Lower Merion police cited the couple over the weekend after they were allegedly captured on surveillance last week dumping a dead mouse and snake in front of the property, located on Booth Lane, in a wealthy section of the township.
According to police, the complaint was filed June 20 by a person who was house-sitting for the homeowner, who is hospitalized. The housesitter told police that after putting up sale signs and fliers for prospective buyers, the signs kept getting knocked down and the fliers went missing.
The sitter surreptitiously planted surveillance cameras in a birdhouse and above the garage that captured the Straubs' shenanigans, police said. In addition to dumping the dead animals, police said the couple was also seen kicking over sale signs and cutting down tree branches.
The pair allegedly told police the signs were "tacky." They were given summary citations for harassment and disorderly conduct, punishable by a fine of up to $300 each.
"According to police, [officers] saw it and actually showed it to the people who were cited and they admitted to it and apologized - at least Mr. Straub did," said Public Information Officer Tom Walsh. "Police were adamant about that. He admitted it and he apologized. He was quite apologetic, as a matter of fact."
Attorney John List, however, said that he is being retained by Jonathan Straub and that the couple plans to challenge the citations in court.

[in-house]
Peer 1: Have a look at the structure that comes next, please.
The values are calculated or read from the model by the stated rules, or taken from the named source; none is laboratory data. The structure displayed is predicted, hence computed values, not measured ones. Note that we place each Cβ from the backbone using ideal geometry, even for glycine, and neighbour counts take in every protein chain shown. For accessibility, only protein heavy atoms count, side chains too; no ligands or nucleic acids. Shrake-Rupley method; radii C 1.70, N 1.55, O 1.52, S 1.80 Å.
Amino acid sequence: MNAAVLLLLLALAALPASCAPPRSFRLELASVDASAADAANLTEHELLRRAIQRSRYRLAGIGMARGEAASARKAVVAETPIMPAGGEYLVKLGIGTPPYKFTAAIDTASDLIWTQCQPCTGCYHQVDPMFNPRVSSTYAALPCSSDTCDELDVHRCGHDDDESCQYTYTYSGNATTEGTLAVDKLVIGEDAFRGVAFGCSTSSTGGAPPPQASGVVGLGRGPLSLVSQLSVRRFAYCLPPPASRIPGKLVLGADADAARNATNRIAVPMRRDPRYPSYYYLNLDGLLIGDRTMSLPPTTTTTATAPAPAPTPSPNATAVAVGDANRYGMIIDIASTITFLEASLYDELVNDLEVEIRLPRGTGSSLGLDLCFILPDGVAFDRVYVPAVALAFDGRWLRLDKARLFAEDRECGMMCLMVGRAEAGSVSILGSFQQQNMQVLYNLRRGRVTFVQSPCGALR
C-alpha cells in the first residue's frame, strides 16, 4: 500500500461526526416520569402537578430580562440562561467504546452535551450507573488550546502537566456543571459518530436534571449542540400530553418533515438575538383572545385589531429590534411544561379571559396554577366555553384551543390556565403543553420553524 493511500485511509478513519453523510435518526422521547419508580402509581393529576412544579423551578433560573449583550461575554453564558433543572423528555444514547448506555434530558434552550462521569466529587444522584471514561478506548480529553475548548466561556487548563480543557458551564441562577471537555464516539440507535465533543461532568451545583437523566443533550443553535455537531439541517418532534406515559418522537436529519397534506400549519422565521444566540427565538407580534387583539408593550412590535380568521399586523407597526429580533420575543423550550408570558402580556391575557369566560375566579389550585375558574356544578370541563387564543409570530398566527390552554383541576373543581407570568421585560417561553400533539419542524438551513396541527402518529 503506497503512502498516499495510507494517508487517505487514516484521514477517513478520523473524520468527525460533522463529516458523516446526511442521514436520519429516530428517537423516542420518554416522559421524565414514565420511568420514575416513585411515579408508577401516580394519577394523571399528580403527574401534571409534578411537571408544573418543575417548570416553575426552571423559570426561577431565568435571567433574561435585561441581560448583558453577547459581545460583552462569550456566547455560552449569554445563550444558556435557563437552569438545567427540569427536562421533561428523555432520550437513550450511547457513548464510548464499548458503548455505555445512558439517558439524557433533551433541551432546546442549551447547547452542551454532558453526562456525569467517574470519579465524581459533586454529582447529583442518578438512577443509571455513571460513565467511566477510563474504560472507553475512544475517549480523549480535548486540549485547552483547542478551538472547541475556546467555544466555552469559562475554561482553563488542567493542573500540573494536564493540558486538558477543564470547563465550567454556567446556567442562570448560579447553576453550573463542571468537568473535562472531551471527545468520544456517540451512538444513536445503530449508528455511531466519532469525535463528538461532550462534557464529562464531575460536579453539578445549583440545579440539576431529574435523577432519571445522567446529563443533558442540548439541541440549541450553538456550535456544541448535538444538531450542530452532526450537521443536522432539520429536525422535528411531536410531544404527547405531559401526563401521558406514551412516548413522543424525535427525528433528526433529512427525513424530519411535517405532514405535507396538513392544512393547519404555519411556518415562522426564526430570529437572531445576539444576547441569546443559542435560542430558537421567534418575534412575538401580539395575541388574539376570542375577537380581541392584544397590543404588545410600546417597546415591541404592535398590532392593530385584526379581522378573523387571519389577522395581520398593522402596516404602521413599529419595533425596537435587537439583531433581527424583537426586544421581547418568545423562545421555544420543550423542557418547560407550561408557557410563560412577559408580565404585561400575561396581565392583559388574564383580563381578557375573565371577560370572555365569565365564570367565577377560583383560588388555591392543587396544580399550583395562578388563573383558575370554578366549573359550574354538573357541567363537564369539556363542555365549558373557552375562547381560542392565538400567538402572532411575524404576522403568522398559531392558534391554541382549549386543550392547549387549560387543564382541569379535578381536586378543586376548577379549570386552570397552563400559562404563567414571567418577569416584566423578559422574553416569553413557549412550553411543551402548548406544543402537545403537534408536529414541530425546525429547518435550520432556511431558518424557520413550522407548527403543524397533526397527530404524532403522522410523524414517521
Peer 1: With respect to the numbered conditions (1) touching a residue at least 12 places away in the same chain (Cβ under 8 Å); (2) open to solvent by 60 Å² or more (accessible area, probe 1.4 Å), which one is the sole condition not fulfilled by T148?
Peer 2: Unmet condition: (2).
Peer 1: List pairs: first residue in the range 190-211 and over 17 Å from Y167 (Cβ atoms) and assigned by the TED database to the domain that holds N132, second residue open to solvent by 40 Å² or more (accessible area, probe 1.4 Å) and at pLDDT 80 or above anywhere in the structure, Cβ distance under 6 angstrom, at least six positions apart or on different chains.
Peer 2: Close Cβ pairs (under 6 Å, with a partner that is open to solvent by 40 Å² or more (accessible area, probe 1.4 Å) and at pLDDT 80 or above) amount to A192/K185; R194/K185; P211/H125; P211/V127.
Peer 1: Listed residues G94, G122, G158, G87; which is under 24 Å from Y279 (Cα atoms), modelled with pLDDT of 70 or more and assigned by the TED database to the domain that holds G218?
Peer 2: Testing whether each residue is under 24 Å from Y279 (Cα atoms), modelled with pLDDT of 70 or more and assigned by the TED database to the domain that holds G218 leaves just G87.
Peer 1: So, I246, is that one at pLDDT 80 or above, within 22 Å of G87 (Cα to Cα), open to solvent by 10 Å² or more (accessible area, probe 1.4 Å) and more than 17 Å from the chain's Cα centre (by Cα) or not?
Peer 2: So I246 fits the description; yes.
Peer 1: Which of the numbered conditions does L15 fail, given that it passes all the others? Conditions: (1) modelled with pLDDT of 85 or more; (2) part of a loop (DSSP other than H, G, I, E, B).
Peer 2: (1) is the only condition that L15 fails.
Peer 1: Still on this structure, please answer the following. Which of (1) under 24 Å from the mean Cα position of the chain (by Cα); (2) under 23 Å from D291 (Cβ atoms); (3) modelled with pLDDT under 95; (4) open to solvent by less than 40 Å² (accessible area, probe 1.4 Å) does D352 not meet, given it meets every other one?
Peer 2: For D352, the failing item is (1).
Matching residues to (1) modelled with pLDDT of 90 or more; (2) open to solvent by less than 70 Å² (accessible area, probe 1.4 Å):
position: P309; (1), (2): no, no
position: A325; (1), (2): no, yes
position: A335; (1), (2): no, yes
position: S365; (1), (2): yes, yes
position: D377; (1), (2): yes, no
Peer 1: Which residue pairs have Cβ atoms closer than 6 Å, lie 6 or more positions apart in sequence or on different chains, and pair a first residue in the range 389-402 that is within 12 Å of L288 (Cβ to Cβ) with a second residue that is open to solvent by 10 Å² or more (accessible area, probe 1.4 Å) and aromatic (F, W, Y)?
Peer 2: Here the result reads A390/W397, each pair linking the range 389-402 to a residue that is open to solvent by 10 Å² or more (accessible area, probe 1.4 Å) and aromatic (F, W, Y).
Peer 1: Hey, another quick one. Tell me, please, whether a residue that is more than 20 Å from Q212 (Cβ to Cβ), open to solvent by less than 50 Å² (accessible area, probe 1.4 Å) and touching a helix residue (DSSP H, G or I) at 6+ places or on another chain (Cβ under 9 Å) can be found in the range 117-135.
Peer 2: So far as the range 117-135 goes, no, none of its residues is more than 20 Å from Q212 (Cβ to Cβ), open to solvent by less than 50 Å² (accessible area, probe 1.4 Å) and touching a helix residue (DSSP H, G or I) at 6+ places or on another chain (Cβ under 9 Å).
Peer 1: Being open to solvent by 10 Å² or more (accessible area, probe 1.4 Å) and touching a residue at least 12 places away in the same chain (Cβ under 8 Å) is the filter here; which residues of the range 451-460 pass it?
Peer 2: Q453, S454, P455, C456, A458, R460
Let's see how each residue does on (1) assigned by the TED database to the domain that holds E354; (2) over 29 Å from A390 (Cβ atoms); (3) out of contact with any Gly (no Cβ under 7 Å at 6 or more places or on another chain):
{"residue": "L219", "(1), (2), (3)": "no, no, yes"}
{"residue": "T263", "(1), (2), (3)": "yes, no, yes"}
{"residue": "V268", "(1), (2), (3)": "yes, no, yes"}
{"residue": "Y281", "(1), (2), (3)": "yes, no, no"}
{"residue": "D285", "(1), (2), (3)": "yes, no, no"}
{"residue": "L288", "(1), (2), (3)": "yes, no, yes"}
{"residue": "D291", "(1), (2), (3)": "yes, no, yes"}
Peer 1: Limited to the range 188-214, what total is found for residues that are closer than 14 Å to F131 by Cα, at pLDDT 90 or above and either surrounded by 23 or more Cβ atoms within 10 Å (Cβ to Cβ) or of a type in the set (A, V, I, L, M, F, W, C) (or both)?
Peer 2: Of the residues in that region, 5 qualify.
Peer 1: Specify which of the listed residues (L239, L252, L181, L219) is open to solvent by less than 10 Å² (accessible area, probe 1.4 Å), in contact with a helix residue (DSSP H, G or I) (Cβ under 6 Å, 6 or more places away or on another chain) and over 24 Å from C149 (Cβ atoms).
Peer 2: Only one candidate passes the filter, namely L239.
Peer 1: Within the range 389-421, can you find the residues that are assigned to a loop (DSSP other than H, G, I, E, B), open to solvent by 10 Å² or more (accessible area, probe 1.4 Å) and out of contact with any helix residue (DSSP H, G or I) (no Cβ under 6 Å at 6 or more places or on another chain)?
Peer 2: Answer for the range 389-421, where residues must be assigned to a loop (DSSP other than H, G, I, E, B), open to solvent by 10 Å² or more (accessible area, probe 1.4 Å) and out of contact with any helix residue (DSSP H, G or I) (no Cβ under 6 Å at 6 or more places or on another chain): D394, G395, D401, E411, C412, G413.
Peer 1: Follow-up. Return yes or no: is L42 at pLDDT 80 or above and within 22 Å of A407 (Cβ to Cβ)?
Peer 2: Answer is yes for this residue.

"Both Mr. and Mrs. Straub were cited under a statute," List said. "What Mr. Straub told the police, as far as we're concerned, is not even remotely criminal in nature, and we intend to defend it."
List would not provide his version of what the couple told police. He said he has not seen the police report, but quickly defended the Straubs' reputation.
"Both Jonathan and Andrea Straub are upstanding individuals. They're well-thought of, in both Haverford and the business communities they're involved [in]."
He described the allegations as "preposterous and without merit."
William Davis Jr., who is expected to represent Andrea Straub, also described the allegations as preposterous. He said he had only seen the surveillance video on a TV news report.
"In my opinion, you couldn't even see anything at all on the video. You couldn't identify anyone," he said.
A few neighbors declined to comment, but resident Hana Brem, whose family moved to the area two years ago, said the incident surprised her.
"Totally. I mean that's one way to deal with competition," she said.
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